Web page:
The format follows typical Cosmic Justice mindset. David called on God to execute judgment. Because of David’s righteousness, Yahweh responds with justice against the evildoers. David reciprocates with praise.

The first few verses focus on King David’s calls to action. David called when on the verge of death (v3, and metaphorically referenced as the “cords of Sheol” in v5). And God responded (v2). This response was fierce and swift. The earth rocked (v7) and fire came from the mouth of God (v8). He rides a “cherub” and flies through the wind (v10). The imagery is warlike. And a warlike response was needed. David recalls that his enemy was too strong for him (v17).

The salvation was a function of God’s justice and David’s righteousness. David served God faithful, and God reciprocates in kind:

Psa 18:20  The LORD dealt with me according to my righteousness; according to the cleanness of my hands he rewarded me.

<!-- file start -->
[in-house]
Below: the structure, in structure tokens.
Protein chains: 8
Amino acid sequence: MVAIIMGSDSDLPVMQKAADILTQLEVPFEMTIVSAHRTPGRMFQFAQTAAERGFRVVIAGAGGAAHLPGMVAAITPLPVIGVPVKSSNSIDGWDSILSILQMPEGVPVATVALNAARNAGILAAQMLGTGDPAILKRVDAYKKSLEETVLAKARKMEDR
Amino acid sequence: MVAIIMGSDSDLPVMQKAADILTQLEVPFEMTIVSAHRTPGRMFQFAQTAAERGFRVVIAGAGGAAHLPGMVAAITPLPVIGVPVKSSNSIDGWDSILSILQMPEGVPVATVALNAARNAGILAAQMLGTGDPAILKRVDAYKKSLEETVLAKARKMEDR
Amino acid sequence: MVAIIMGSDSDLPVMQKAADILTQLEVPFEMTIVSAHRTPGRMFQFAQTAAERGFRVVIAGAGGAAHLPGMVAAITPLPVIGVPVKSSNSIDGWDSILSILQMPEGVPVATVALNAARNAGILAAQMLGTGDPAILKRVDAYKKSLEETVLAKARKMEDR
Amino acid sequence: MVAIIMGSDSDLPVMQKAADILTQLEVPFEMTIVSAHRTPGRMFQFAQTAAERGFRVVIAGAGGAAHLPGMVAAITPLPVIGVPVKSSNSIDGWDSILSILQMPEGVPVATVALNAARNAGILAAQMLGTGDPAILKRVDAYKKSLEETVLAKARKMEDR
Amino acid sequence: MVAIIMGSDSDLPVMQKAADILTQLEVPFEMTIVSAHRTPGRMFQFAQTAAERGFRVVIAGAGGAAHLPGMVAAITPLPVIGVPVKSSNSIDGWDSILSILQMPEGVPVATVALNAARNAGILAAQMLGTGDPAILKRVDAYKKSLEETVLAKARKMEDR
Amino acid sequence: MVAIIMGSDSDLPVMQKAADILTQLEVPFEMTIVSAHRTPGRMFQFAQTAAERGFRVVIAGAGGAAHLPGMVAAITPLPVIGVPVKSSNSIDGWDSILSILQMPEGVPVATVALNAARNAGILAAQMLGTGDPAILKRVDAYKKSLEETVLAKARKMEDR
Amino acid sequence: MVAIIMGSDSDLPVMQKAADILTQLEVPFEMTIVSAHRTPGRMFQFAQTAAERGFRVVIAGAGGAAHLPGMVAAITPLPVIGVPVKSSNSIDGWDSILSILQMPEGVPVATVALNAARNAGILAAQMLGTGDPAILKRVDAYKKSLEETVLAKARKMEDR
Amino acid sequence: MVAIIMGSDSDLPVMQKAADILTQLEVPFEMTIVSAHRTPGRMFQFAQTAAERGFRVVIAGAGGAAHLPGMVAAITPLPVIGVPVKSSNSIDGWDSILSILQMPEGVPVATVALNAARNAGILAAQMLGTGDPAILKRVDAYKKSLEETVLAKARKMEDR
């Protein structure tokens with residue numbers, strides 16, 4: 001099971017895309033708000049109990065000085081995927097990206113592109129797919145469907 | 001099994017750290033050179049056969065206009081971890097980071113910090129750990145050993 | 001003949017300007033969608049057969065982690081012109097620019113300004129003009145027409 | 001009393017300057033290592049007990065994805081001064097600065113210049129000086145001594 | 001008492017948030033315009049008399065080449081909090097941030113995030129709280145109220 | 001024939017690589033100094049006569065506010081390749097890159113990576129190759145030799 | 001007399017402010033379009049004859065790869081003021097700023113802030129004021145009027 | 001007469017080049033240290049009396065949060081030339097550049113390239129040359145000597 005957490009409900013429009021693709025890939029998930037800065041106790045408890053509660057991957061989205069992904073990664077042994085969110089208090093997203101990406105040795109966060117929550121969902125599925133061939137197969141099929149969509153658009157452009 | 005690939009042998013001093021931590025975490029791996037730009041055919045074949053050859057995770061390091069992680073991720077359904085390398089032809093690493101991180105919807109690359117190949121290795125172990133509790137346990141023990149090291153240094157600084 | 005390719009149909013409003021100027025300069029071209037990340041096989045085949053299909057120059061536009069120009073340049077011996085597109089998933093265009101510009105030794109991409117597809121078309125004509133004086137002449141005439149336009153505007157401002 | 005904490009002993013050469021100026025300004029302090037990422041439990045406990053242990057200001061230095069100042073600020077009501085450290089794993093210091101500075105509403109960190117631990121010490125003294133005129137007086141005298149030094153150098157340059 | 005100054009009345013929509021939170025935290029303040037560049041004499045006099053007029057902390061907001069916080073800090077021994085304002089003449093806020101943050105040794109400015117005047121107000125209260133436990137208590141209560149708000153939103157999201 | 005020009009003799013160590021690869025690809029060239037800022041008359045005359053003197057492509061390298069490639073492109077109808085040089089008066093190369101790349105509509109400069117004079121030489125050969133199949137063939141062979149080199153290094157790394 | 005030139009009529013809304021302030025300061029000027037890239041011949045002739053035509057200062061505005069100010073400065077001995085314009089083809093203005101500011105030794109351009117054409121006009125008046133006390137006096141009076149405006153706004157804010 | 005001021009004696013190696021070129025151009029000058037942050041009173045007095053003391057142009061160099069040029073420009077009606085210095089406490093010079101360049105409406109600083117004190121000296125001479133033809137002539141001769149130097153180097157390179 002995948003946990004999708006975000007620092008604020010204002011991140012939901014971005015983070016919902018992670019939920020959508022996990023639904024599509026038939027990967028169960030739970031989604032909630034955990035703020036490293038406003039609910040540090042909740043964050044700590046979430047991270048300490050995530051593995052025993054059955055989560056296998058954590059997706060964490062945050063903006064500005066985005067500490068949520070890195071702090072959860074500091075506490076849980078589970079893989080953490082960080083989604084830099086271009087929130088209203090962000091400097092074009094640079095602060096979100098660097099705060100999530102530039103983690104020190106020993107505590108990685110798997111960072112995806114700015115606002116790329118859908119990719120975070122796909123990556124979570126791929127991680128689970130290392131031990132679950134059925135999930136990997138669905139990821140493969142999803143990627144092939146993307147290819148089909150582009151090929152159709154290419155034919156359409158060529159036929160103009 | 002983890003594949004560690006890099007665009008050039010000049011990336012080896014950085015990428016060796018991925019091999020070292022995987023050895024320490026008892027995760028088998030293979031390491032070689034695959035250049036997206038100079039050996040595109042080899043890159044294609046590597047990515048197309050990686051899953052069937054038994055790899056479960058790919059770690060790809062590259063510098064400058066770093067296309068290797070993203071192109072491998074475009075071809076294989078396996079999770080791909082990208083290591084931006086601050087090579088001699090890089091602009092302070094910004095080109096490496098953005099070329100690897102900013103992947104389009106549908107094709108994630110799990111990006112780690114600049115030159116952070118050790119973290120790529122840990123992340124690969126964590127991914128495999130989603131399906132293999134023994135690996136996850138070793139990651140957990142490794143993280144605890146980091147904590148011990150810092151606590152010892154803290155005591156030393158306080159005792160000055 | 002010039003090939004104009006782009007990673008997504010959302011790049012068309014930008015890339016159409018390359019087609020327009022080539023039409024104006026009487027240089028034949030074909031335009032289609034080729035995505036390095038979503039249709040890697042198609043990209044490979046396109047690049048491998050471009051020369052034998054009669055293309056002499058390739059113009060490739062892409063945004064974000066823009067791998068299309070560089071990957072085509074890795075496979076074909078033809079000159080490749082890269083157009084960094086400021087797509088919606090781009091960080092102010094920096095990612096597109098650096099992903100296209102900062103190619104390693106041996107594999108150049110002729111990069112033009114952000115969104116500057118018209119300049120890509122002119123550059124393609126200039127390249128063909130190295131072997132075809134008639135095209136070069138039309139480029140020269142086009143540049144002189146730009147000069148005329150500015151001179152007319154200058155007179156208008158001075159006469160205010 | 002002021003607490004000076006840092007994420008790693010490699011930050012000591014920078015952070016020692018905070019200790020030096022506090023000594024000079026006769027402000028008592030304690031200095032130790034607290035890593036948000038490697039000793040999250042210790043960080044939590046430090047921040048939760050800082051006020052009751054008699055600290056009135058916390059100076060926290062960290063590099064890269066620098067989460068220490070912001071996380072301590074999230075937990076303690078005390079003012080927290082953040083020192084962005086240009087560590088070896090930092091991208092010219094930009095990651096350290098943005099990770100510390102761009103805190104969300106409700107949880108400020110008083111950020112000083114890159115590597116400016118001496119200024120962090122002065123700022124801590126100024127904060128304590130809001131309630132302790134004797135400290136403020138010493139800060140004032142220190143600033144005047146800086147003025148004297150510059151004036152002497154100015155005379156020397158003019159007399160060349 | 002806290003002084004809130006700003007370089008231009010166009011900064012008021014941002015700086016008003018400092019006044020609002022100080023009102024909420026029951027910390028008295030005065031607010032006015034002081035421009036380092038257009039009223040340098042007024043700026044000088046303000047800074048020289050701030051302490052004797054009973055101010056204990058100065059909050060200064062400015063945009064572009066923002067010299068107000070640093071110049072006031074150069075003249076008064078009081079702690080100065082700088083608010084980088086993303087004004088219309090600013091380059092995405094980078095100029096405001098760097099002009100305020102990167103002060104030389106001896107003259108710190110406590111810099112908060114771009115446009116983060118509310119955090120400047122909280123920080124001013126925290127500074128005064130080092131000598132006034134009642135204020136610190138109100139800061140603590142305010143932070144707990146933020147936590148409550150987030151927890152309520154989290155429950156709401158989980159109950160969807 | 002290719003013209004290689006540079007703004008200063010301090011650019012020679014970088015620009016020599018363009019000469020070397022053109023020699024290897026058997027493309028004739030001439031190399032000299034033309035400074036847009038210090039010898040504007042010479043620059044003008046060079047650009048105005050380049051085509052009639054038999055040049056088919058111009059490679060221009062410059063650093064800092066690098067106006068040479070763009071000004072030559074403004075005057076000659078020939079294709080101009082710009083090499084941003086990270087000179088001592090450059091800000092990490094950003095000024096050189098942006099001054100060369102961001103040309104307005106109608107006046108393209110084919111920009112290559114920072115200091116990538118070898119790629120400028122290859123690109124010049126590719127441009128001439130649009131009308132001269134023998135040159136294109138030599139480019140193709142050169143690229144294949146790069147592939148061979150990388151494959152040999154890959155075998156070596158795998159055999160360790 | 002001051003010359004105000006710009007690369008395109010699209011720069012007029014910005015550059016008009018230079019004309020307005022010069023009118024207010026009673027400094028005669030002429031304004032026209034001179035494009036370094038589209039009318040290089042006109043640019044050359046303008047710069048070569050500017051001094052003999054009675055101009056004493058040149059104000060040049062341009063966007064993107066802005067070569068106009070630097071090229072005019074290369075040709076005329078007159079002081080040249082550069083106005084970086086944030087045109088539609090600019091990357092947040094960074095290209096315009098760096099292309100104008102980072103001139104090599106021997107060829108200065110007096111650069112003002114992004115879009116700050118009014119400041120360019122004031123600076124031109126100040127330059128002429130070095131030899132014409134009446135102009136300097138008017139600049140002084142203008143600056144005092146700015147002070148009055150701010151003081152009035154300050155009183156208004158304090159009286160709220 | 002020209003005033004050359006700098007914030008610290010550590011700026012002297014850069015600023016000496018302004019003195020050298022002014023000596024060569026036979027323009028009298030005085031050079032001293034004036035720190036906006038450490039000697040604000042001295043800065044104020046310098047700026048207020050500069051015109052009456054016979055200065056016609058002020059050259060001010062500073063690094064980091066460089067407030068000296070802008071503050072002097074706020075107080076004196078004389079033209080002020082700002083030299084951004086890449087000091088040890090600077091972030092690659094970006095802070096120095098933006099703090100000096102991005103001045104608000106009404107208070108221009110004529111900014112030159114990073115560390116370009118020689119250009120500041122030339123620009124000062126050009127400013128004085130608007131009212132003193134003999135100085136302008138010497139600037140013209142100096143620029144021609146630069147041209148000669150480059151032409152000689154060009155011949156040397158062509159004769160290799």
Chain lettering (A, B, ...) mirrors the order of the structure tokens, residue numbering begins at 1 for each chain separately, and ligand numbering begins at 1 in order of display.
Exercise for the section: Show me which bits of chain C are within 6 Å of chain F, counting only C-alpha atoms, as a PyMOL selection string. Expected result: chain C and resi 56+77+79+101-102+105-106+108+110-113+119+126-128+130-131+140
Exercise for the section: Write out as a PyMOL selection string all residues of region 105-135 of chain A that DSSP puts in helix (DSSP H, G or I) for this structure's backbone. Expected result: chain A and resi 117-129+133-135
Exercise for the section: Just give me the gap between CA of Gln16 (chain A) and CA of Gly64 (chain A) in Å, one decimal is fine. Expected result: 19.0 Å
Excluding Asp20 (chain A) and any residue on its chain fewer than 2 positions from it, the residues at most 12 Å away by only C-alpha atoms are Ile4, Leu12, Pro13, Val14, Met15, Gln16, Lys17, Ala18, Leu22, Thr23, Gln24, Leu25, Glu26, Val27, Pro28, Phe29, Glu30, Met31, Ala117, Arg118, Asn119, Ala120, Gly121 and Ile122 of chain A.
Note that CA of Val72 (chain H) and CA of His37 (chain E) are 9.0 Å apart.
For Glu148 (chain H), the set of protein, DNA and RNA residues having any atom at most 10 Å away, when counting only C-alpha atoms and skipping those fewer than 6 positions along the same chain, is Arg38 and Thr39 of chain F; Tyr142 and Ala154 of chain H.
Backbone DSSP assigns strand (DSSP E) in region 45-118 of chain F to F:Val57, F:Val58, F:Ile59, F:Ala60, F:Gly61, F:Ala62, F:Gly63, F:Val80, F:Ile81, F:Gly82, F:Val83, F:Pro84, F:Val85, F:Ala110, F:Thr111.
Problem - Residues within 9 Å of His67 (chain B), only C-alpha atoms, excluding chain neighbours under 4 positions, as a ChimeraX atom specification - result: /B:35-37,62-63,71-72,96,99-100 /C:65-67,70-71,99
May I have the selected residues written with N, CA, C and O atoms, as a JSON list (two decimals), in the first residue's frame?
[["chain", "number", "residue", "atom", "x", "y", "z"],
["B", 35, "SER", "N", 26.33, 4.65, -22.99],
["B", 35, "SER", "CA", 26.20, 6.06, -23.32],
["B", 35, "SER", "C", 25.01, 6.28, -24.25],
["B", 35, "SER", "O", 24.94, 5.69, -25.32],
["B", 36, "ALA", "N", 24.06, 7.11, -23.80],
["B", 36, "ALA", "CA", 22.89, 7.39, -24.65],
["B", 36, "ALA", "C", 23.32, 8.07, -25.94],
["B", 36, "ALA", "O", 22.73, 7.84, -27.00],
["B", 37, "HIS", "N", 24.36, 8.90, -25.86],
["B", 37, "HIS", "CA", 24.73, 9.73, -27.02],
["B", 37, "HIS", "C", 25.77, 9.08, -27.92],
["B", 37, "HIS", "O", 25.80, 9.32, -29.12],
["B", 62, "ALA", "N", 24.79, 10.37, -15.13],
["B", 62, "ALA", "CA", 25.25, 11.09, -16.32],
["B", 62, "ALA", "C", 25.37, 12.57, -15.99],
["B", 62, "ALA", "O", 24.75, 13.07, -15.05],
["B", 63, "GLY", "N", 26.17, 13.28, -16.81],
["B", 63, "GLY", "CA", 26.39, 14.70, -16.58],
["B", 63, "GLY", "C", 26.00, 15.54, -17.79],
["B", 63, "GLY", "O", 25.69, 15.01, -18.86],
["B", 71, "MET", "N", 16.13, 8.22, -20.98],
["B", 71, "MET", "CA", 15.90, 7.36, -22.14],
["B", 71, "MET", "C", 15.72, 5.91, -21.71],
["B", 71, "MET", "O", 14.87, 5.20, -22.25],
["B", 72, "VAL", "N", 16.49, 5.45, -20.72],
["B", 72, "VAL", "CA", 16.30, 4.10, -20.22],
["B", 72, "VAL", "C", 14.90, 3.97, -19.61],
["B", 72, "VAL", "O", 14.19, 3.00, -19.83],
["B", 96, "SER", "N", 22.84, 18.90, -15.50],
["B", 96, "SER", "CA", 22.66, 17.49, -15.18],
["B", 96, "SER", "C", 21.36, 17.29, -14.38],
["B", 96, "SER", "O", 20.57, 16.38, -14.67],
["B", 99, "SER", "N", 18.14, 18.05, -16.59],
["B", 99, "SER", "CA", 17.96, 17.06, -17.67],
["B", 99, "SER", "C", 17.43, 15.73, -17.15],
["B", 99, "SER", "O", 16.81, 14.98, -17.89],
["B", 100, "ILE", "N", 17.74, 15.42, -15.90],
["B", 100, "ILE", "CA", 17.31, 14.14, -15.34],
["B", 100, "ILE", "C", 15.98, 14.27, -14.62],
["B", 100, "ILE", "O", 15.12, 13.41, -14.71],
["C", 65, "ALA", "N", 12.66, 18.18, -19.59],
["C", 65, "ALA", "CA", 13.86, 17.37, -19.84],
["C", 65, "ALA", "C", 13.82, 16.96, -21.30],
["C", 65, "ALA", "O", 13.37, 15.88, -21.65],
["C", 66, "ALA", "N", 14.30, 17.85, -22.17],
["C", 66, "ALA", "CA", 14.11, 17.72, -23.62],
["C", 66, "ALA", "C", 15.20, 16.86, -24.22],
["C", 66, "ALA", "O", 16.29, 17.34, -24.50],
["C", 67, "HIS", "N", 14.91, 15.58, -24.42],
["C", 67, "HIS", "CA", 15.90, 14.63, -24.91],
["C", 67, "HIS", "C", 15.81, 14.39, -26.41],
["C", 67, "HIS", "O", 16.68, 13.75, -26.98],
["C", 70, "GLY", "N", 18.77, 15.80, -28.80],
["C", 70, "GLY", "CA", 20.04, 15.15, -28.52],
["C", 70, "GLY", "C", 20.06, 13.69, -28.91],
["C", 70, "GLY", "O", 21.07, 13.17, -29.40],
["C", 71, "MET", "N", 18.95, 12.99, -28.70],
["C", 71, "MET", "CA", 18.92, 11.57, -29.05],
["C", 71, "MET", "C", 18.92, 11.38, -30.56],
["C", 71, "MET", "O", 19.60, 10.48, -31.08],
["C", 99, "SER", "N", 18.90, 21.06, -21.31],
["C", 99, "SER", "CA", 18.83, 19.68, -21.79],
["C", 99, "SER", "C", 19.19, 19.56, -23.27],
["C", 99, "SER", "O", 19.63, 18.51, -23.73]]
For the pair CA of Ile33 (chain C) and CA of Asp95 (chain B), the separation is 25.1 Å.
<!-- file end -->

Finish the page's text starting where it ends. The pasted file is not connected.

Psa 18:21  For I have kept the ways of the LORD, and have not wickedly departed from my God.

Psa 18:22  For all his rules were before me, and his statutes I did not put away from me.

Psa 18:23  I was blameless before him, and I kept myself from my guilt.

Psa 18:24  So the LORD has rewarded me according to my righteousness, according to the cleanness of my hands in his sight.

The next few verses detail David’s outlook on Cosmic Justice. God acts according to man’s actions. God punishes the haughty (v27), but saves the pure (26). It is cause and effect, reaction to action. God enables His people.